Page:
The magnetized coil running along the track, called a guideway, repels the large magnets on the train's undercarriage, allowing the train to levitate between 0.39 and 3.93 inches (1 to 10 centimeters) above the guideway [source: Boslaugh]. Once the train is levitated, power is supplied to the coils within the guideway walls to create a unique system of magnetic fields that pull and push the train along the guideway. The electric current supplied to the coils in the guideway walls is constantly alternating to change the polarity of the magnetized coils. This change in polarity causes the magnetic field in front of the train to pull the vehicle forward, while the magnetic field behind the train adds more forward thrust.
Maglev trains float on a cushion of air, eliminating friction. This lack of friction and the trains' aerodynamic designs allow these trains to reach unprecedented ground transportation speeds of more than 310 mph (500 kph), or twice as fast as Amtrak's fastest commuter train [source: Boslaugh]. In comparison, a Boeing-777 commercial airplane used for long-range flights can reach a top speed of about 562 mph (905 kph). Developers say that maglev trains will eventually link cities that are up to 1,000 miles (1,609 kilometers) apart. At 310 mph, you could travel from Paris to Rome in just over two hours.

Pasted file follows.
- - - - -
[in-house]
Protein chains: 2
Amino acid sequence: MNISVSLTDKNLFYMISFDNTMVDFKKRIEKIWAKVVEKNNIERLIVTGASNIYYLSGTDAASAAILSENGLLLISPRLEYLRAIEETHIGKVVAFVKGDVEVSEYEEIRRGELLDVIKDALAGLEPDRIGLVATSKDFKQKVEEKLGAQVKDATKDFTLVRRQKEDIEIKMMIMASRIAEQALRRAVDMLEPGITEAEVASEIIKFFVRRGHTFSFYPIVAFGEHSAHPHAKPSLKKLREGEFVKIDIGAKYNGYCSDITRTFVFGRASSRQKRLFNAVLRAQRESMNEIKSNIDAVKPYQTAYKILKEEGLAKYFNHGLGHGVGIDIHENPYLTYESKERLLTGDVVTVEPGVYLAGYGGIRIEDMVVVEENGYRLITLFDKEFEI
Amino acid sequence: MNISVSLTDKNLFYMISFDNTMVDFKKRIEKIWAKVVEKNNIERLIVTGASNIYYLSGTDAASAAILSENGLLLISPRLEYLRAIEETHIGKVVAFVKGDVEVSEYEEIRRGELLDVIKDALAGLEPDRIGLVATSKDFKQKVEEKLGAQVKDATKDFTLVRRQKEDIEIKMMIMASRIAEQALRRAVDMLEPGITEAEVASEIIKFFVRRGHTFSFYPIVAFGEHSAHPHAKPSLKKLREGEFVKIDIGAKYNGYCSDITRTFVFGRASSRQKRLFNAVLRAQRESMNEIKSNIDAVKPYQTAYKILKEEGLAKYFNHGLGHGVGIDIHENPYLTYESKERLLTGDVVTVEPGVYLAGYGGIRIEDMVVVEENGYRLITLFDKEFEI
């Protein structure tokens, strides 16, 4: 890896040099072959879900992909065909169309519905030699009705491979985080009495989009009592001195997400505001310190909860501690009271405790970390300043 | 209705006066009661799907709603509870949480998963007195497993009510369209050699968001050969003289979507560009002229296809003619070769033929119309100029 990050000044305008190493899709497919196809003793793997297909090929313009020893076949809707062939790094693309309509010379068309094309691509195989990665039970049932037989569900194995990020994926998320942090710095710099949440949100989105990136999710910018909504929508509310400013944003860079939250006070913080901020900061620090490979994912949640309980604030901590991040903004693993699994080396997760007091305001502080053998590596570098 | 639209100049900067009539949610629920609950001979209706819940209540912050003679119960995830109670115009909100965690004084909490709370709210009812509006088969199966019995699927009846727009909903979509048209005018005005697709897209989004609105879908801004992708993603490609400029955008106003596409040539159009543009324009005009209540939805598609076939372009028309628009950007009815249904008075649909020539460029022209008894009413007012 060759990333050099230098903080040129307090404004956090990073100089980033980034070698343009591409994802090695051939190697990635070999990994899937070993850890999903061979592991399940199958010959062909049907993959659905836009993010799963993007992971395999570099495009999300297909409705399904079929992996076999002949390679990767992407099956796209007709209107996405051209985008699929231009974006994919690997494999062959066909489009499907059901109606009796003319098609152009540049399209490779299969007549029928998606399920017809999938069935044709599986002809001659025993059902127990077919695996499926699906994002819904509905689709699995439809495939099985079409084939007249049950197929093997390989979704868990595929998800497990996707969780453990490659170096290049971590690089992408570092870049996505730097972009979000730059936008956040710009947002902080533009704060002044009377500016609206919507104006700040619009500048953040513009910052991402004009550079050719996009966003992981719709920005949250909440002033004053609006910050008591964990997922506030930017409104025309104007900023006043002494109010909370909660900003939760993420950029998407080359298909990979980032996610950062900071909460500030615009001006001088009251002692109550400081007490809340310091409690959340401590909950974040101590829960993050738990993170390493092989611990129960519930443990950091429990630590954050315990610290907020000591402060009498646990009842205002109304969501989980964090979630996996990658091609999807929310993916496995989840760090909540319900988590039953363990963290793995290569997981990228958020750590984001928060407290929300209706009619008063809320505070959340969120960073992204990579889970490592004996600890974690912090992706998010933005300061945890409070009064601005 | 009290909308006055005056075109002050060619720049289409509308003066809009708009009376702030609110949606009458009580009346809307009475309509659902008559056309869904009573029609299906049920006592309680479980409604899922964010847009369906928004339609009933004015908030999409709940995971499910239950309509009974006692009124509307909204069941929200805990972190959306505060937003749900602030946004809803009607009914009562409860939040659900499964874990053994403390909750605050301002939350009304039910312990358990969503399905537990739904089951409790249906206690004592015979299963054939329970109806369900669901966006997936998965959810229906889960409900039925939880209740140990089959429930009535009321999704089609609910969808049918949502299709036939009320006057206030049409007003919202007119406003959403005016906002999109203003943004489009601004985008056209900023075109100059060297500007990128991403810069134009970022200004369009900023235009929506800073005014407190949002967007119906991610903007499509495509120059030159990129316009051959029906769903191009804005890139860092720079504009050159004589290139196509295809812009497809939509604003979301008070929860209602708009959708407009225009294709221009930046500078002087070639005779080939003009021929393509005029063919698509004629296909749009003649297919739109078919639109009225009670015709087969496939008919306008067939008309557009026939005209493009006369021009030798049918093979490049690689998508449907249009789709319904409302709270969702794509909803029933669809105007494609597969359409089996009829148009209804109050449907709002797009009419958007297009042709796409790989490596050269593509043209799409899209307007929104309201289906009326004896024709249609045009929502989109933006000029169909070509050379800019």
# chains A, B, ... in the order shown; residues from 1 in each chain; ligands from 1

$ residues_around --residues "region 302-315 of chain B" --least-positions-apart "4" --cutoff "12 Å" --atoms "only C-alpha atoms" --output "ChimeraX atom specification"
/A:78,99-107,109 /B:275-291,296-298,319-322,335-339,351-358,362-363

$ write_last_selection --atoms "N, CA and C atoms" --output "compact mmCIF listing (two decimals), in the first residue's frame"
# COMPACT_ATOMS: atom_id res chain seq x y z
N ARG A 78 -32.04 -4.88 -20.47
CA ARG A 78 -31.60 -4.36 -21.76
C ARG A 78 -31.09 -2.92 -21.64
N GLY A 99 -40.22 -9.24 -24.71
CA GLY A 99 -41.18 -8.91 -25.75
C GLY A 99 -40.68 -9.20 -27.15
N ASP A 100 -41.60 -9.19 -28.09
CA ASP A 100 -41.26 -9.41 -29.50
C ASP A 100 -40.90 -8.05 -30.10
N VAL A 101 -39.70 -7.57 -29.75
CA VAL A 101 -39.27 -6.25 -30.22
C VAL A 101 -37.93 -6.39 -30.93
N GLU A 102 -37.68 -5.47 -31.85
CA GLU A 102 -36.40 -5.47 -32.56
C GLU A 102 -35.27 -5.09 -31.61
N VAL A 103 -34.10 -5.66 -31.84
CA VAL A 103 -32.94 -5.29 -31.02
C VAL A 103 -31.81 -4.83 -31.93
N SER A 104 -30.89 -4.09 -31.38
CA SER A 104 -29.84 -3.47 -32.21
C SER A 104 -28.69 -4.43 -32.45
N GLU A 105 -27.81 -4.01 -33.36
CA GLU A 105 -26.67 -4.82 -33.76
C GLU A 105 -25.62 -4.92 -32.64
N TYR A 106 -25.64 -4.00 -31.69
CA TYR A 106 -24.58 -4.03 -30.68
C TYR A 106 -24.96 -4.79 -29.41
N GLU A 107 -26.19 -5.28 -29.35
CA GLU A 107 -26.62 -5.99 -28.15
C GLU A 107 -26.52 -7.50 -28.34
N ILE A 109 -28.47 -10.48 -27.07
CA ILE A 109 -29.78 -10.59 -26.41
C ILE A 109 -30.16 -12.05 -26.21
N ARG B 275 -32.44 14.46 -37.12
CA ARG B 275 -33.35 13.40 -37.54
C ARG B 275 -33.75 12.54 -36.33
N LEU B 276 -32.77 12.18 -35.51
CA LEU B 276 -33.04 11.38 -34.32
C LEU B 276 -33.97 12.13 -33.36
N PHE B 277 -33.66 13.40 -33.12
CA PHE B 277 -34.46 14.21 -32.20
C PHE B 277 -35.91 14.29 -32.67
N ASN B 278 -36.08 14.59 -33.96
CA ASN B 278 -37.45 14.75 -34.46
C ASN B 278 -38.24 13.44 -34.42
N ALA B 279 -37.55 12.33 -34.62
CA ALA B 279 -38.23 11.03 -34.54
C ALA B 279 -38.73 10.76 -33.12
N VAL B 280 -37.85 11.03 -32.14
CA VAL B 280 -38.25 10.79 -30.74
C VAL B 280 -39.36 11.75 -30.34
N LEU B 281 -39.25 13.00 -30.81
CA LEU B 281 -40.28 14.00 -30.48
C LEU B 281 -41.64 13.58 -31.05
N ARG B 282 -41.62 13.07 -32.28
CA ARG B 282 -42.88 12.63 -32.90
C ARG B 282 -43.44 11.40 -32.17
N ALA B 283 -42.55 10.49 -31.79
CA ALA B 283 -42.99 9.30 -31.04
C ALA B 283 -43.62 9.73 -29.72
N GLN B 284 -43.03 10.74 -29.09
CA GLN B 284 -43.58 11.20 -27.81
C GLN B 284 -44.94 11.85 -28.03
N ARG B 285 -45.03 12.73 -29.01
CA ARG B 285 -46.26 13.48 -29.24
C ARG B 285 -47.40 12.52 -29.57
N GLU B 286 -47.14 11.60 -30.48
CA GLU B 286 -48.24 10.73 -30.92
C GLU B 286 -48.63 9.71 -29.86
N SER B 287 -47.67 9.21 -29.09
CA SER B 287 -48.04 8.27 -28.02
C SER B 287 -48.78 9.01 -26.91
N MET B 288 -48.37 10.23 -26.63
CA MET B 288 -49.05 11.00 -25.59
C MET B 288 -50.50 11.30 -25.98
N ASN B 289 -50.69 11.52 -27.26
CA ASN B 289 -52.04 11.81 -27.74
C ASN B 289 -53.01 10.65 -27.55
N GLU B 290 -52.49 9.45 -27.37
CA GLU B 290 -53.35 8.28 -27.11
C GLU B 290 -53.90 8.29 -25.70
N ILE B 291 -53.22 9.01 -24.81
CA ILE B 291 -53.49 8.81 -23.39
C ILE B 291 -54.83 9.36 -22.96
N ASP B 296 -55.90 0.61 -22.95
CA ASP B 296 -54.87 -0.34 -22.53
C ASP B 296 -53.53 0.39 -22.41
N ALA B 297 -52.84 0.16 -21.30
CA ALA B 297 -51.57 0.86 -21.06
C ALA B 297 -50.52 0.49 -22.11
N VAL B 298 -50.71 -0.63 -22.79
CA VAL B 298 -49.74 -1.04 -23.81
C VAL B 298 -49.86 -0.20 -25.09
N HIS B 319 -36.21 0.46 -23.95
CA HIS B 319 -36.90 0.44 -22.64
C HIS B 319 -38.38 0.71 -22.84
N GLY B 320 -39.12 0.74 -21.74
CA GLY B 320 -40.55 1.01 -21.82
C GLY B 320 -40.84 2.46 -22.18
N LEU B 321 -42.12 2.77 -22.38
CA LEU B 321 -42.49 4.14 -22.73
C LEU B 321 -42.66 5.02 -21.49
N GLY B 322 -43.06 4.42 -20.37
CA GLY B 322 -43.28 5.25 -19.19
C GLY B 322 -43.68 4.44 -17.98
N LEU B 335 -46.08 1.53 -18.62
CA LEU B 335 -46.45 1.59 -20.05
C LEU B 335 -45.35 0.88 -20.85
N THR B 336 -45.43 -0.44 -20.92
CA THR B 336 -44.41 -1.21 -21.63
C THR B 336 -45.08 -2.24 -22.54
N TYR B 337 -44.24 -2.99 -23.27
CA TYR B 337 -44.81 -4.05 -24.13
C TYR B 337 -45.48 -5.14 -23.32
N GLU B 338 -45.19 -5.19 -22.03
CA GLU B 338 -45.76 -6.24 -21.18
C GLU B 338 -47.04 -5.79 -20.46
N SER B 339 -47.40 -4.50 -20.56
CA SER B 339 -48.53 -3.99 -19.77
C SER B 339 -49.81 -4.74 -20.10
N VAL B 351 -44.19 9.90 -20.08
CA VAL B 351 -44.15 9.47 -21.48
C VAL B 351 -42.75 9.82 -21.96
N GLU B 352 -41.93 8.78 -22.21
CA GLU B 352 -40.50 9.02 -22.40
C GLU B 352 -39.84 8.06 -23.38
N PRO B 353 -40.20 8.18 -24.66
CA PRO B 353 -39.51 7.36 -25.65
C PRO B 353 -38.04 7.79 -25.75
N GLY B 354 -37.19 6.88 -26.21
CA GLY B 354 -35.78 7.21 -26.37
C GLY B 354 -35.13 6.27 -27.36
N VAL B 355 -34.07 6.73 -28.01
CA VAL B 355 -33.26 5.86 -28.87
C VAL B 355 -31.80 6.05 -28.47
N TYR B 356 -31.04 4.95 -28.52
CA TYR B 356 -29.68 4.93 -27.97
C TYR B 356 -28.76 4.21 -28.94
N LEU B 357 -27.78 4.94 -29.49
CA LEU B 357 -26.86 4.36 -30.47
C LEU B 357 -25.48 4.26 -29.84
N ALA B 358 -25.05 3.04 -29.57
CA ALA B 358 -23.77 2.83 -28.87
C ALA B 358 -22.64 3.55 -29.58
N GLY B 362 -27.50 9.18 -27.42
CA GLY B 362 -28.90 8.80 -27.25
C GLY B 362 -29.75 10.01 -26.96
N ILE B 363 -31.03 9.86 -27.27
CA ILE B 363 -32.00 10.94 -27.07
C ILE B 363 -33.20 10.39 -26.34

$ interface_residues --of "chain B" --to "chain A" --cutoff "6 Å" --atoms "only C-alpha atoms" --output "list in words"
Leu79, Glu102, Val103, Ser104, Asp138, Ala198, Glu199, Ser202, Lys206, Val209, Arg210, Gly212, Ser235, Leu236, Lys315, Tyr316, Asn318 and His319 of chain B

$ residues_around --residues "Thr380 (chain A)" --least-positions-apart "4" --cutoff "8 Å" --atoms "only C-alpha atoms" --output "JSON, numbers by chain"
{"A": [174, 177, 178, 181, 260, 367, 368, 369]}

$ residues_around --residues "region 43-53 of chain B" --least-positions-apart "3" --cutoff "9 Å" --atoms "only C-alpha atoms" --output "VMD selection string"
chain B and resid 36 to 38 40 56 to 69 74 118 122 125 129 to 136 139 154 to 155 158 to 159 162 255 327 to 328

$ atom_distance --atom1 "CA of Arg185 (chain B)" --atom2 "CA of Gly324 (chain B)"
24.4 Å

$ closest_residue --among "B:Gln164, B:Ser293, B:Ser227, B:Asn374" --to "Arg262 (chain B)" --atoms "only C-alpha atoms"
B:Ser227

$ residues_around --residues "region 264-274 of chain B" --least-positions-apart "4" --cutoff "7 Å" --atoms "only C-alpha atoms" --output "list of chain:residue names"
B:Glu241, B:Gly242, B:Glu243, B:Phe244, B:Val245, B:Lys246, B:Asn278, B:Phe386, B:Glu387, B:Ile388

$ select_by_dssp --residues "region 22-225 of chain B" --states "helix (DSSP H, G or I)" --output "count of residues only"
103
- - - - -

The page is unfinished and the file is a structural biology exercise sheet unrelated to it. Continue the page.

Some maglev trains are capable of even greater speeds. In October 2016, a Japan Railway maglev bullet train blazed all the way to 374 mph (601 kph) during a short run. Those kinds of speeds give engineers hope that the technology will prove useful for routes that are hundreds of miles long.
Germany and Japan both have developed maglev train technology, and tested prototypes of their trains. Although based on similar concepts, the German and Japanese trains have distinct differences. In Germany, engineers developed an electromagnetic suspension (EMS) system, called Transrapid. In this system, the bottom of the train wraps around a steel guideway. Electromagnets attached to the train's undercarriage are directed up toward the guideway, which levitates the train about 1/3 of an inch (1 centimeter) above the guideway and keeps the train levitated even when it's not moving. Other guidance magnets embedded in the train's body keep it stable during travel. Germany demonstrated that the Transrapid maglev train can reach 300 mph with people onboard. However, after an accident in 2006 (see sidebar) and huge cost overruns on a proposed Munich Central Station-to-airport route, plans to build a maglev train in Germany were scrapped in 2008 [source: DW]. Since then, Asia has become the hub for maglev activity.